I came across this issue as I was analysing some genomic data sets looking for differential DNA methylation. I have generated p-values from the comparisons I am making, and am now looking into the various methods of multiple testing correction to see which method is most appropriate for my analysis (i.e. conservative vs. non-conservative, applicability of method).

My first attempt was to use the q-value approach of Storey, et al. in their 2003 PNAS paper.

However, upon reading the paper, and the associated R package vignette, it appears that data with a "U-shaped" p-value distribution do not satisfy the underlying assumptions of the q-value method.

According to the q-value R package vignette:

The “U-shaped” p-value histogram is a red flag. An important assumption behind the estimation performed in this package is that null p-values follow a Uniform(0,1) distribution, which would result in a p-value histogram where the right tail is fairly flat as in the Hedenfalk et al. p-values. U-shaped p-value histograms 5can indicate that a one-sided test was performed on data where there is signal in both directions, or it can indicate that there is dependence among the variables in the data.

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My data happen to have a somewhat "U-shaped" distribution of p-values, so I guess this means q-value is not applicable?
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I am curious to know which methods of multiple testing correction are applicable when the p-value distribution is not "uniformly distributed", and what would happen if I tried to use the q-value method on a U-shaped p-value distribution?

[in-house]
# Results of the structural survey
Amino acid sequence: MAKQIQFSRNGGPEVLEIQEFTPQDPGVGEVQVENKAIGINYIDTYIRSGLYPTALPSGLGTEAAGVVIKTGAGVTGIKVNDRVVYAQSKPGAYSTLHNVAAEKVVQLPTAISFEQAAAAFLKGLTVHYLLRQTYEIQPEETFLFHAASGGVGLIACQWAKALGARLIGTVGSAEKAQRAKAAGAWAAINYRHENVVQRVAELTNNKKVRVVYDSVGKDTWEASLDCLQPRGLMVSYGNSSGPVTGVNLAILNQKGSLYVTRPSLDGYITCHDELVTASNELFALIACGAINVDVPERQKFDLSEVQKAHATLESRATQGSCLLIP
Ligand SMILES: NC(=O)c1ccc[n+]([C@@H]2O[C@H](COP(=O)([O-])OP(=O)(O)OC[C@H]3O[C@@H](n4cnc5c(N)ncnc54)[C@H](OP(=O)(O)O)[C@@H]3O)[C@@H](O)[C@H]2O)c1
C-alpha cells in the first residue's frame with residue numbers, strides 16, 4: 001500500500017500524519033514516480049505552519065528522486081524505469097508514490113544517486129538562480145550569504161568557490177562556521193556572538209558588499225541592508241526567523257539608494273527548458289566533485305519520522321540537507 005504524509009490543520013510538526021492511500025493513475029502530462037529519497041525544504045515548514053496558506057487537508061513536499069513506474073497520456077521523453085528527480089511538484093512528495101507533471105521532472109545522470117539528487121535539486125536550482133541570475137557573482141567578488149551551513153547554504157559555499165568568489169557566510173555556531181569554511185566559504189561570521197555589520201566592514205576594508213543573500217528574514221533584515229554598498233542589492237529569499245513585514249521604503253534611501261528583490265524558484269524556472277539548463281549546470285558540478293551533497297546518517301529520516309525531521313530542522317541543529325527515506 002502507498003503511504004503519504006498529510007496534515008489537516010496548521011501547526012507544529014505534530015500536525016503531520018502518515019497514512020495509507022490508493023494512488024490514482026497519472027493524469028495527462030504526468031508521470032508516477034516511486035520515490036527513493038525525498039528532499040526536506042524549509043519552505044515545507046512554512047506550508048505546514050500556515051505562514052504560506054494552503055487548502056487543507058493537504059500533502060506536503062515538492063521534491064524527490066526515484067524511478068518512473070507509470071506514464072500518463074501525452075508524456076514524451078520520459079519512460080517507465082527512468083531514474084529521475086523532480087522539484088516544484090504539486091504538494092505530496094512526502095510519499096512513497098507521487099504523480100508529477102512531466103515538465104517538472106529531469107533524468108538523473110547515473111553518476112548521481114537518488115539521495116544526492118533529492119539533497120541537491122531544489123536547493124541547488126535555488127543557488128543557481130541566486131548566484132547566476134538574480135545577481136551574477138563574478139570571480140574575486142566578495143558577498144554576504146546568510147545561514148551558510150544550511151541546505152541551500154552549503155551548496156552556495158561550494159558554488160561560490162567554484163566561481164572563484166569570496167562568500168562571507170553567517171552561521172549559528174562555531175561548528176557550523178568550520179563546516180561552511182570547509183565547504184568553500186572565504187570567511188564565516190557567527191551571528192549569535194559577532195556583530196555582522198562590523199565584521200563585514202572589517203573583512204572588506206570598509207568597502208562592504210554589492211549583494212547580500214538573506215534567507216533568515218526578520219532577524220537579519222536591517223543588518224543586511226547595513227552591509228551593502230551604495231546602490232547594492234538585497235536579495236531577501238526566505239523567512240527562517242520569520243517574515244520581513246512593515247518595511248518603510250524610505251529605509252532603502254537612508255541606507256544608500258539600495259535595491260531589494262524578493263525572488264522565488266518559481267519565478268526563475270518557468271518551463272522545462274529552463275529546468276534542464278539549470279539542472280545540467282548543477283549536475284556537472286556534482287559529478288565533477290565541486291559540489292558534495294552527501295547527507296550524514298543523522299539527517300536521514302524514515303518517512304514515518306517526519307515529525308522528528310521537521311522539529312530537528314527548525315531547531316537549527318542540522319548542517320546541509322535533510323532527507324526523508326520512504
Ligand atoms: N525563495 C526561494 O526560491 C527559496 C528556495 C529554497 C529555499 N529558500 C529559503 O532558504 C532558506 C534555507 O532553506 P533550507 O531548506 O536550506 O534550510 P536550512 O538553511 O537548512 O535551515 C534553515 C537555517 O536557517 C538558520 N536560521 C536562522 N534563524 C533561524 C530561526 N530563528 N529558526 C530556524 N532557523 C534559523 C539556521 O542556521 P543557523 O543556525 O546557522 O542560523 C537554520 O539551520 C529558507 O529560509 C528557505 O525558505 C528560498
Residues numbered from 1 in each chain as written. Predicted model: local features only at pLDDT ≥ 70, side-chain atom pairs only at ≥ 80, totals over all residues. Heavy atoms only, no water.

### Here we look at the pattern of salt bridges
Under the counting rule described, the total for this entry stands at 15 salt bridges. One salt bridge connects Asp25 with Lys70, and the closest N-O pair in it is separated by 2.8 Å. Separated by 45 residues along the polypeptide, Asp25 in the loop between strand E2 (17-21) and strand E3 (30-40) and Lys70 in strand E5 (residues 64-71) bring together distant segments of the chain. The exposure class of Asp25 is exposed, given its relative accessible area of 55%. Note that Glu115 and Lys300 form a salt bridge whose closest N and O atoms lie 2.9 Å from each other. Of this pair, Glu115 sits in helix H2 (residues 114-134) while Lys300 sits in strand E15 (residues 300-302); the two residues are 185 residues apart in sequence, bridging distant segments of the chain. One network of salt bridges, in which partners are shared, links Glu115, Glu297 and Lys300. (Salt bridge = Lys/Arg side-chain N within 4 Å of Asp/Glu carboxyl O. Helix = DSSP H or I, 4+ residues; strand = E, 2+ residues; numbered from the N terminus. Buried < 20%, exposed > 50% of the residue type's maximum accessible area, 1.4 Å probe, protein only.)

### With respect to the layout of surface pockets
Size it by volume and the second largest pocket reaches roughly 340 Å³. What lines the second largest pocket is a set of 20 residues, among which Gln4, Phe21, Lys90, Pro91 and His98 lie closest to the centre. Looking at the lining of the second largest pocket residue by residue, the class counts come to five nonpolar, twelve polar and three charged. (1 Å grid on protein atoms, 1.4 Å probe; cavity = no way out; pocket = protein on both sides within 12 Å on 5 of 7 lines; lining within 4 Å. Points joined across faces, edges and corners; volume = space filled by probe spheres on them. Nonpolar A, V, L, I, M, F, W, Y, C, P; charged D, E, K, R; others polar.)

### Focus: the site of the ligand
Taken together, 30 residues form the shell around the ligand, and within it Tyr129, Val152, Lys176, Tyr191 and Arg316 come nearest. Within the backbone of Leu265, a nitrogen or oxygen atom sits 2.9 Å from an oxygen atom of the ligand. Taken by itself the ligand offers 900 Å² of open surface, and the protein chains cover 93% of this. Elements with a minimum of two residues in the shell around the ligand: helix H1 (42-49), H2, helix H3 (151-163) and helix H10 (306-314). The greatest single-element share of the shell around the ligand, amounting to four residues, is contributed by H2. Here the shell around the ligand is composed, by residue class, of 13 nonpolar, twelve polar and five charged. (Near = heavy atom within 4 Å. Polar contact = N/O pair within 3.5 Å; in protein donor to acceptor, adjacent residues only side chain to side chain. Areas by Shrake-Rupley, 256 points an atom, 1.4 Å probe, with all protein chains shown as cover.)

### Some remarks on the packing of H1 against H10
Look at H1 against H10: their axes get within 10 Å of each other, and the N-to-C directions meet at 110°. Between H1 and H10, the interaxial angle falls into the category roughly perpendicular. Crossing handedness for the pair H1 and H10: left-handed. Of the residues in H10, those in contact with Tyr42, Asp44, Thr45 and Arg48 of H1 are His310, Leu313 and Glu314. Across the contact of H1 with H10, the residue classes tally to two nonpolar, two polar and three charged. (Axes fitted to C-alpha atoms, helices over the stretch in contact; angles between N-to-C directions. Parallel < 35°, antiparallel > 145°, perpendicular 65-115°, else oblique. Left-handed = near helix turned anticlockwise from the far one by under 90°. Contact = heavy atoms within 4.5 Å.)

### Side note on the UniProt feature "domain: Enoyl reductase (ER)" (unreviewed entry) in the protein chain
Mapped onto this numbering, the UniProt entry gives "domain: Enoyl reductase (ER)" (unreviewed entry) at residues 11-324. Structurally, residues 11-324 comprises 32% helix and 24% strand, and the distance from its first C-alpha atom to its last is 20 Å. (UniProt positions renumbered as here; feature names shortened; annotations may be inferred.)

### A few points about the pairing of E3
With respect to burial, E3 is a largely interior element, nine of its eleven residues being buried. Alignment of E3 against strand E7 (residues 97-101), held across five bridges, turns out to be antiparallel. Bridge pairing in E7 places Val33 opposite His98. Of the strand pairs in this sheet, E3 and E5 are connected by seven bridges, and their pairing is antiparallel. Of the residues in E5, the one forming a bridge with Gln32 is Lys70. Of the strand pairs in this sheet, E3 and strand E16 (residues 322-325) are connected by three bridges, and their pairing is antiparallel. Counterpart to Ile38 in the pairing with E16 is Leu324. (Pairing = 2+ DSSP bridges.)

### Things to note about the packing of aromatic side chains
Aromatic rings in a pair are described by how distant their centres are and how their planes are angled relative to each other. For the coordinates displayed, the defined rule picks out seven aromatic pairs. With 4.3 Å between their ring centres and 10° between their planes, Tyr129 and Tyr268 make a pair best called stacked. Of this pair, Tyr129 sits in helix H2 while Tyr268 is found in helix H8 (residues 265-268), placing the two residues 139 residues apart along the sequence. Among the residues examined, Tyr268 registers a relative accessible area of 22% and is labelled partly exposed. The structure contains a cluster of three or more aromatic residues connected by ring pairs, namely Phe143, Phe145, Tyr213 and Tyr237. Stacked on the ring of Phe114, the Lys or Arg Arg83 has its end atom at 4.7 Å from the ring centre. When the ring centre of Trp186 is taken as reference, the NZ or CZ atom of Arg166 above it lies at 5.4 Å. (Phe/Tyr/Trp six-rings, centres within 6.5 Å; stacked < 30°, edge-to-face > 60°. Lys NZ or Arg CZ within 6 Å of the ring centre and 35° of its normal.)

I have read that the Benjamini-Hochberg and BH-Yekutieli methods are applicable when there is "dependence" in the data, but I am wondering how a U-shaped p-val distribution would effect these tests also.

Any help is much appreciated!

  • $\begingroup$ Were your p-values calculated using 1-tailed tests? $\endgroup$ – gung - Reinstate Monica Nov 23 '15 at 19:53
  • $\begingroup$ I would think they were calculated using 2-tailed tests, but I'm having trouble finding that info in the paper. The method I used says it uses a modified likelihood ratio test. $\endgroup$ – Reilstein Nov 23 '15 at 20:00
  • $\begingroup$ The paper describing the statistical method states that the test is: "Motivated by the two-sample t-test, which can be considered a likelihood ratio test conditional on the estimated variance, we propose the approximation , where tp is the Student t distribution with p degrees of freedom." $\endgroup$ – Reilstein Nov 23 '15 at 20:12

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